The following Arbitration guidance note Produced in partnership with Simmons & Simmons LLP provides comprehensive and up to date legal information covering:
BREXIT: As of exit day (31 January 2020), the UK is no longer an EU Member State. However, in accordance with the Withdrawal Agreement, the UK has entered an implementation period, during which it continues to be subject to EU law. This has an impact on this Practice Note. For further guidance, see Practice Note: Brexit—arbitration law and practice in England and Wales and News Analysis: Brexit Bulletin—key updates, research tips and resources.
A party may wish to obtain an anti-arbitration injunction where an arbitration has been commenced by a counterparty in breach of an agreed dispute resolution process, for example, by commencing the arbitration in the wrong seat, or where the parties had agreed to refer disputes to the exclusive jurisdiction of specific national courts. This Practice Note considers the approach of the courts of England and Wales (England and English are used for convenience) to the granting of anti-suit relief in this context.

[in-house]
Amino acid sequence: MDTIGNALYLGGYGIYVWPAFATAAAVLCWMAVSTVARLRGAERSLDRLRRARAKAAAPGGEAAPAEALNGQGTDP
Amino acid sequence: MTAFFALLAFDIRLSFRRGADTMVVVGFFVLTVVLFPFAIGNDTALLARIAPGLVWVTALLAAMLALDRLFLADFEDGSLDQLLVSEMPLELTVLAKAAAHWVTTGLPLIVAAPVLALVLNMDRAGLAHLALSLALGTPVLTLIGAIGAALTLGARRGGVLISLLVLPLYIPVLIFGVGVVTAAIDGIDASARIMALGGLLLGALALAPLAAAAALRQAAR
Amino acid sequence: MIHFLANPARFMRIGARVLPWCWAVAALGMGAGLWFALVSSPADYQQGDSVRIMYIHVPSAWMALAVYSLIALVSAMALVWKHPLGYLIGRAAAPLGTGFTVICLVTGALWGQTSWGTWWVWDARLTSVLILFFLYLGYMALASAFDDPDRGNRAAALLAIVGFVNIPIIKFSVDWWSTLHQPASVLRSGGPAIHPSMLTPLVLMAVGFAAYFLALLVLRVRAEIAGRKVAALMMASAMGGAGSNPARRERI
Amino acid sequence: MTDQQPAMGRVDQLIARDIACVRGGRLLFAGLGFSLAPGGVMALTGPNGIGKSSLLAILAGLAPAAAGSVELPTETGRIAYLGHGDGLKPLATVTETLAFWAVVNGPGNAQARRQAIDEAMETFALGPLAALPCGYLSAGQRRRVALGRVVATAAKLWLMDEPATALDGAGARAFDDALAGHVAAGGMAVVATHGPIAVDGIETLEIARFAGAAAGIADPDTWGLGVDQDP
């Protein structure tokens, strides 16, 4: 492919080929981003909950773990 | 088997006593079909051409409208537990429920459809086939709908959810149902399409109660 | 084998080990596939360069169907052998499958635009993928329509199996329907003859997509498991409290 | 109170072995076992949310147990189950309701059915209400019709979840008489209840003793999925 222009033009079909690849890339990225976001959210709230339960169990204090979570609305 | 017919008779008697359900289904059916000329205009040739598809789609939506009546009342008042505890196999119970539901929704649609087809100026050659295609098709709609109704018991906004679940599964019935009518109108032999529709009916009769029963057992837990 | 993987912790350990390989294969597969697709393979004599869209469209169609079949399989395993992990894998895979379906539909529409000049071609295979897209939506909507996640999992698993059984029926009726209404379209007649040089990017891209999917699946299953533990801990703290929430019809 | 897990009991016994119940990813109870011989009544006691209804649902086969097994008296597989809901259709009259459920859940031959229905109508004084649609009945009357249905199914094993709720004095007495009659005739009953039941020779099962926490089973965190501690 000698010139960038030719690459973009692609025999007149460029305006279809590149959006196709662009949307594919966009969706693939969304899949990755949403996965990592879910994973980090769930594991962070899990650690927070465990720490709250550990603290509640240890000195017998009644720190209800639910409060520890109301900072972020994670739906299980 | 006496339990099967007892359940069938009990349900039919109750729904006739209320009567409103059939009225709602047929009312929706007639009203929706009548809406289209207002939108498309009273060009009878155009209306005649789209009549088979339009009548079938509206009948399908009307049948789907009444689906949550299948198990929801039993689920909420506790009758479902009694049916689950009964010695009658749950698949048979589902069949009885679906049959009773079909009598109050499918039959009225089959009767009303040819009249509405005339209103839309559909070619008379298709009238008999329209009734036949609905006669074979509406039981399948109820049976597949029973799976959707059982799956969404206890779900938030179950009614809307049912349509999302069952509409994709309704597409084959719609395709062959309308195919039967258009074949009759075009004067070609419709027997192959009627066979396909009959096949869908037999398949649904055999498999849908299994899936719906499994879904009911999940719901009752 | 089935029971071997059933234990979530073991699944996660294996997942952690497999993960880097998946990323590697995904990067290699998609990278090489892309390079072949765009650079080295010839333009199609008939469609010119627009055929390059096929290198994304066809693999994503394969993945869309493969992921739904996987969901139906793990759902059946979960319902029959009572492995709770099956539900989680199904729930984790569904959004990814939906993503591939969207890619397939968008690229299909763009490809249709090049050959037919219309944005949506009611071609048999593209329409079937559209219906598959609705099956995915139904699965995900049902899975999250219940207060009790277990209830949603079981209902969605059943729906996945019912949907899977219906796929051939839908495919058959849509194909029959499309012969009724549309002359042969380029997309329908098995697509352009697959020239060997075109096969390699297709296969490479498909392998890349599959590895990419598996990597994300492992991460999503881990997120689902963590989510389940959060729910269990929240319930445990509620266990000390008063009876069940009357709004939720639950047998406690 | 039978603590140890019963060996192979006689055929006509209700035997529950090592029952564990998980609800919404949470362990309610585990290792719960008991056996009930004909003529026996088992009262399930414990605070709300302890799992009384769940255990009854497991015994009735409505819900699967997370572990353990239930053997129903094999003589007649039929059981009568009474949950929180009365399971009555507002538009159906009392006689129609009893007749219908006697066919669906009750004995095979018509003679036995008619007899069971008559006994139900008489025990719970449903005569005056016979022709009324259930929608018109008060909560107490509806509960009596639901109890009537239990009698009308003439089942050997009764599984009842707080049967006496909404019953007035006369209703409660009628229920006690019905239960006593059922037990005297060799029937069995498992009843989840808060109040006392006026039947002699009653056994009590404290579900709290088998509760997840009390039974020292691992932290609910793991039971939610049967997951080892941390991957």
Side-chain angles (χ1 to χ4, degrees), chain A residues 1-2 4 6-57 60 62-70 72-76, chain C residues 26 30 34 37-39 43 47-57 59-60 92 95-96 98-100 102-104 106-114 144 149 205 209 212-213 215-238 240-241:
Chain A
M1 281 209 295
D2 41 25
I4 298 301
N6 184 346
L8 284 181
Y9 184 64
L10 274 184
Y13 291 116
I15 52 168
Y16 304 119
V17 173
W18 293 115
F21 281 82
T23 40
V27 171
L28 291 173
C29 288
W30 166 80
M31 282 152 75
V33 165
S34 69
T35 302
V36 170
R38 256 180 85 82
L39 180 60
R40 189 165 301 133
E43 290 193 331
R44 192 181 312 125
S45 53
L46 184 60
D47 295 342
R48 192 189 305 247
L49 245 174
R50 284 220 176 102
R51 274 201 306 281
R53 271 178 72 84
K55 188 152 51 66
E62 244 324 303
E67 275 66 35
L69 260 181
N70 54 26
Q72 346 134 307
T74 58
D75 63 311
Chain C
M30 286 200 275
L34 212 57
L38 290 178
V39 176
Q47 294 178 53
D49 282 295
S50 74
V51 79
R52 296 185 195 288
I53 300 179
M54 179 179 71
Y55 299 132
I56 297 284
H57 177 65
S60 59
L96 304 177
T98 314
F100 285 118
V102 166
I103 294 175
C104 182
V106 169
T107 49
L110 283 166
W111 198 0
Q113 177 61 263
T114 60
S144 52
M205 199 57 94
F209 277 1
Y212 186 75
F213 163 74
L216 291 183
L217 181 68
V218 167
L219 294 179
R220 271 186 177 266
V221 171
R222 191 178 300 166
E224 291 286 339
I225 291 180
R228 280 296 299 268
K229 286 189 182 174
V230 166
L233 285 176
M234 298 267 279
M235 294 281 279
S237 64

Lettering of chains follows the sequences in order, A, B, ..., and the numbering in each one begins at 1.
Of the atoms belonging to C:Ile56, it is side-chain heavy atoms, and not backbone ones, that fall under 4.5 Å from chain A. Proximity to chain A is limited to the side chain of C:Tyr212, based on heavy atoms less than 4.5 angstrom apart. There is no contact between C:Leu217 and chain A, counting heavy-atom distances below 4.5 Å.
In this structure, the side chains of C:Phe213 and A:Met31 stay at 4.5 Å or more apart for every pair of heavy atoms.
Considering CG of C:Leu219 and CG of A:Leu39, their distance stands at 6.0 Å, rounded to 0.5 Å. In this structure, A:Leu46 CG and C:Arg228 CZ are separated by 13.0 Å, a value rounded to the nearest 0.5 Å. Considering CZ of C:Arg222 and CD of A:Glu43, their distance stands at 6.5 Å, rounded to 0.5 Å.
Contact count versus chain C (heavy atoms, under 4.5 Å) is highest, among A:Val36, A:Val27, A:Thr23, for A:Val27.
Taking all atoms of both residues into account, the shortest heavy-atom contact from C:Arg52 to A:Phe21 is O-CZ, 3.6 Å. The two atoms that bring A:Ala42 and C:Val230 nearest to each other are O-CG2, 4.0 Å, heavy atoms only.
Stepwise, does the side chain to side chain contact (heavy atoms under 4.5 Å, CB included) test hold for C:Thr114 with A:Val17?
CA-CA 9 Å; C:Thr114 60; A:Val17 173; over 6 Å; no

The court's jurisdiction to grant an anti-arbitration injunction arises from its inherent powers under section 37 of the Senior Courts Act 1981 (SCA 1981) (Elektrim v Vivendi; Minister of Finance v IPIC) and the jurisdiction under sections 44 and 72 of the Arbitration Act 1996 (AA 1996). Generally speaking, the jurisdiction under SCA 1981, s 37 is
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